Bachelor and Master Theses

Title: Using ant colony optimization as pathfinding in a changing environment
Subject: Computer Science
Level: Basic
Description: Ant colony optimization (ACO) is an algorithm that gets its inspiration from the behaviour of real ants, which uses pheromones as an indicator to tell other ants where they have previously walked. The algorithm is not commonly used for pathfinding in a changing environment, but this thesis have investigated if it is a viable option. A* were used for comparison and worked as a reference point as it is the most frequently used algorithm in pathfinding. As such, the goal was to identify if ACO and its characteristics could be used to overcome the weaknesses of A* in conditions where the environment changed in real time. To meet that goal, different methods and variations of ACO was implemented to identify which of them performed better in a changing environment. A backtracking method that makes it easier for the ants to find the goal is also proposed. To test the implementations, three environments were created and used in the experiments. The results showed that A* performed better than all of the other algorithms, in all of the environments, except for its path length. However, even though some of the other algorithms had better path lengths, the other aspects of the results outweighed it. The conclusion drawn, was that the ant based algorithms couldn't overcome the weaknesses of A* and that the speed at which A* can recalculate a path, from scratch, outperforms the ant algorithms even though they have information stored from earlier calculations.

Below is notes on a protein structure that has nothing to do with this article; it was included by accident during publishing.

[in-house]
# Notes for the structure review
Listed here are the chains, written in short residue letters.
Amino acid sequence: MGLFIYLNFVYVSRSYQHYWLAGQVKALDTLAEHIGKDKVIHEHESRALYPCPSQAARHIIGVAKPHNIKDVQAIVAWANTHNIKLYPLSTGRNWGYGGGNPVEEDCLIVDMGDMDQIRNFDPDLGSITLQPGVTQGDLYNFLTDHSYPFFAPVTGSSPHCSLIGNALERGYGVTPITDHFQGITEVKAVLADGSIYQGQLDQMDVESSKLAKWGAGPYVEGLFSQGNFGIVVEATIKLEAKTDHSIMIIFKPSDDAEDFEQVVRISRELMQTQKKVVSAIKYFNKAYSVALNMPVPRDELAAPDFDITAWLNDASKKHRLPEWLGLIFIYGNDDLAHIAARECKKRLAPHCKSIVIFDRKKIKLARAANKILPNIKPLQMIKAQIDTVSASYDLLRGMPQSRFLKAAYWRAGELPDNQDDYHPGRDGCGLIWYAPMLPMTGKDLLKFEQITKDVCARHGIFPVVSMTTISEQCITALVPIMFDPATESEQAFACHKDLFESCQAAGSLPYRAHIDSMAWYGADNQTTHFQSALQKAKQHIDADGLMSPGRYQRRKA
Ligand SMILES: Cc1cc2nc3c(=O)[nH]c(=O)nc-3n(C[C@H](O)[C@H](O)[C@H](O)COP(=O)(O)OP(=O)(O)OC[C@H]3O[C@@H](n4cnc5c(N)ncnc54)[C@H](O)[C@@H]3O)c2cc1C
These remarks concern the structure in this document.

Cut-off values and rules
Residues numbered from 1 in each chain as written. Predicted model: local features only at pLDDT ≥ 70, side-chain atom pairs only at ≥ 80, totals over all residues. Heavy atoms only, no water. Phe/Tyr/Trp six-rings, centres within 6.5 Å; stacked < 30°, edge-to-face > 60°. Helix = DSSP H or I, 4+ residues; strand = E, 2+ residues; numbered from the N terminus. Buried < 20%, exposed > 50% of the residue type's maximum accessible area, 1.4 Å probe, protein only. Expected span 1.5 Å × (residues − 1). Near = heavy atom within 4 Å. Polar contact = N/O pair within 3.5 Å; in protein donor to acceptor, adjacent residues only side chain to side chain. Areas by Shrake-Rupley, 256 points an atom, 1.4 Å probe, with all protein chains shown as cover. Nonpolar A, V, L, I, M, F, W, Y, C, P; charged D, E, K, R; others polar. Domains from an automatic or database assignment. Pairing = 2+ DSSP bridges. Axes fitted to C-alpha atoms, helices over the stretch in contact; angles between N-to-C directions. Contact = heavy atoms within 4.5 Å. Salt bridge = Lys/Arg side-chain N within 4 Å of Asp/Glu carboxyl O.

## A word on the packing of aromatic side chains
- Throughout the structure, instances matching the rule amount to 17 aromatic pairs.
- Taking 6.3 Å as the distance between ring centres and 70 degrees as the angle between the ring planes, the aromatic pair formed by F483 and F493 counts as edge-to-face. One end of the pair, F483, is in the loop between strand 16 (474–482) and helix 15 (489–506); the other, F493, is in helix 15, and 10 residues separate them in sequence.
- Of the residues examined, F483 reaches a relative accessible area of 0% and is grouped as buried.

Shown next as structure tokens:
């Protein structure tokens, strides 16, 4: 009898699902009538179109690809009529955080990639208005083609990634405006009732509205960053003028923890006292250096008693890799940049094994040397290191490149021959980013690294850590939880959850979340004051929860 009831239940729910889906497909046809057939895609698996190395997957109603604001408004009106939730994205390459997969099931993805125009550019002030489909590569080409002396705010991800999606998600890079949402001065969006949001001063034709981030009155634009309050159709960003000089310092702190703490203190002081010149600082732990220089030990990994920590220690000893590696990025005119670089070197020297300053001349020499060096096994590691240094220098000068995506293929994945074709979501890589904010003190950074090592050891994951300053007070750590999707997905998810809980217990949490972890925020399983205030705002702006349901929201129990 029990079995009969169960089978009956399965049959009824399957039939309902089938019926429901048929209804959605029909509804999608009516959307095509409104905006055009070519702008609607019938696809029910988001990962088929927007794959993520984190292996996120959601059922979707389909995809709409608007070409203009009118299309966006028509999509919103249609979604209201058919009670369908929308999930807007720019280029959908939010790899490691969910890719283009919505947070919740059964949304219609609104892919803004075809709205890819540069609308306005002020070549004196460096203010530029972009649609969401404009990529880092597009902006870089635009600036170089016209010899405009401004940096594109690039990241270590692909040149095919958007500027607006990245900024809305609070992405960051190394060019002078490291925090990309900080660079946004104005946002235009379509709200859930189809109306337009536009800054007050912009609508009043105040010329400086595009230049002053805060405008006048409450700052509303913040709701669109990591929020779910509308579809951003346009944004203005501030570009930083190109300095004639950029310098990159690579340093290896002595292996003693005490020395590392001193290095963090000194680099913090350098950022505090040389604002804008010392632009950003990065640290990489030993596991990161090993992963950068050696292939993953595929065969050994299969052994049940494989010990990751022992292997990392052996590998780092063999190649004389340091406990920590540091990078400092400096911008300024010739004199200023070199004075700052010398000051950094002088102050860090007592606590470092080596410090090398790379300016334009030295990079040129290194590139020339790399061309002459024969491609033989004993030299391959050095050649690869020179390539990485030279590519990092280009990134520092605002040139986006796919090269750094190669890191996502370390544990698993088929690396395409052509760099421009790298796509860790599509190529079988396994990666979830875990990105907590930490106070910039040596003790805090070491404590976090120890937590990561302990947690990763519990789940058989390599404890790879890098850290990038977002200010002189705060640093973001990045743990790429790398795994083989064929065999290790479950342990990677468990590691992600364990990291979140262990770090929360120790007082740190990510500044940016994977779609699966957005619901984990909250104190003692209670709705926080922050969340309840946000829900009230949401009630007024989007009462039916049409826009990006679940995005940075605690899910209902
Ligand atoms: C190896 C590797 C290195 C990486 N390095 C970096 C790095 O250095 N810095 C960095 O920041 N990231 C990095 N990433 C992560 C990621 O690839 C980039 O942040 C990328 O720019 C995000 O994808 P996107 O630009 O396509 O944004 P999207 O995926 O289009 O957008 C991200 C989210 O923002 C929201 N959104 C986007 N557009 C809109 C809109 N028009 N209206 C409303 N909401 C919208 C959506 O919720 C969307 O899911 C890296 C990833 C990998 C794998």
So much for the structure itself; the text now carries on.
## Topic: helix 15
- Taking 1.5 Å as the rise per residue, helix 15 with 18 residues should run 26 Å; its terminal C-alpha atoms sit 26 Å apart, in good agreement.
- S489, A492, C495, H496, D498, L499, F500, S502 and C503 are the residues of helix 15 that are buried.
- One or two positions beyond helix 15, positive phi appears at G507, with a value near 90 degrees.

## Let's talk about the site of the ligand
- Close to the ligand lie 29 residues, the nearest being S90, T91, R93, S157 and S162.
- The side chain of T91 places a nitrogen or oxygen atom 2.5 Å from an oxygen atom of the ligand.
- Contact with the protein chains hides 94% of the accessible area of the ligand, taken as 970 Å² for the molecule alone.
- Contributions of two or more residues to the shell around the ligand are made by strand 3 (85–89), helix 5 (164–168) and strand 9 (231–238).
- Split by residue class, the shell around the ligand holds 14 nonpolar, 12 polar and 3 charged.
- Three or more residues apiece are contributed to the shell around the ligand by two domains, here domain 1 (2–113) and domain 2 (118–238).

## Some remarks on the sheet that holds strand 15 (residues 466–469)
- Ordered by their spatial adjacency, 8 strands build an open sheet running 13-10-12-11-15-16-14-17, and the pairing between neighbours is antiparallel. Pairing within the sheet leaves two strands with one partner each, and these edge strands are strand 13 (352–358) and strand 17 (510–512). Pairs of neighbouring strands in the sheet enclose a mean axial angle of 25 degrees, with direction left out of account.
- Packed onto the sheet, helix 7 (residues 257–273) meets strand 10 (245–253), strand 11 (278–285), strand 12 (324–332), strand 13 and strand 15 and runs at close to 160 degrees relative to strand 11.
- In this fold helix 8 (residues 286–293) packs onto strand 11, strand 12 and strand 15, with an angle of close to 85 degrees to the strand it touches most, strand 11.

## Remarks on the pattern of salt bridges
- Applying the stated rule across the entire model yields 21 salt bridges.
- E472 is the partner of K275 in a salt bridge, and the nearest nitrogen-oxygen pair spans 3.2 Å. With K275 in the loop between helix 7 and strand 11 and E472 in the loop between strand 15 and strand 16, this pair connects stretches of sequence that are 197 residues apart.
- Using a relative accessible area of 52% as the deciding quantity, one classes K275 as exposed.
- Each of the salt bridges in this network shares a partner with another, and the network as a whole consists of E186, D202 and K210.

Start date: 2017-03-27
Prel. end date: 2017-06-02
Presentation date: 2017-06-02
Student: Robin Chef
Student: Robin Eriksson
IDT supervisor: Miguel Leon Ortiz
Examinator: Ning Xiong
Ning Xiong, +46-21-151716

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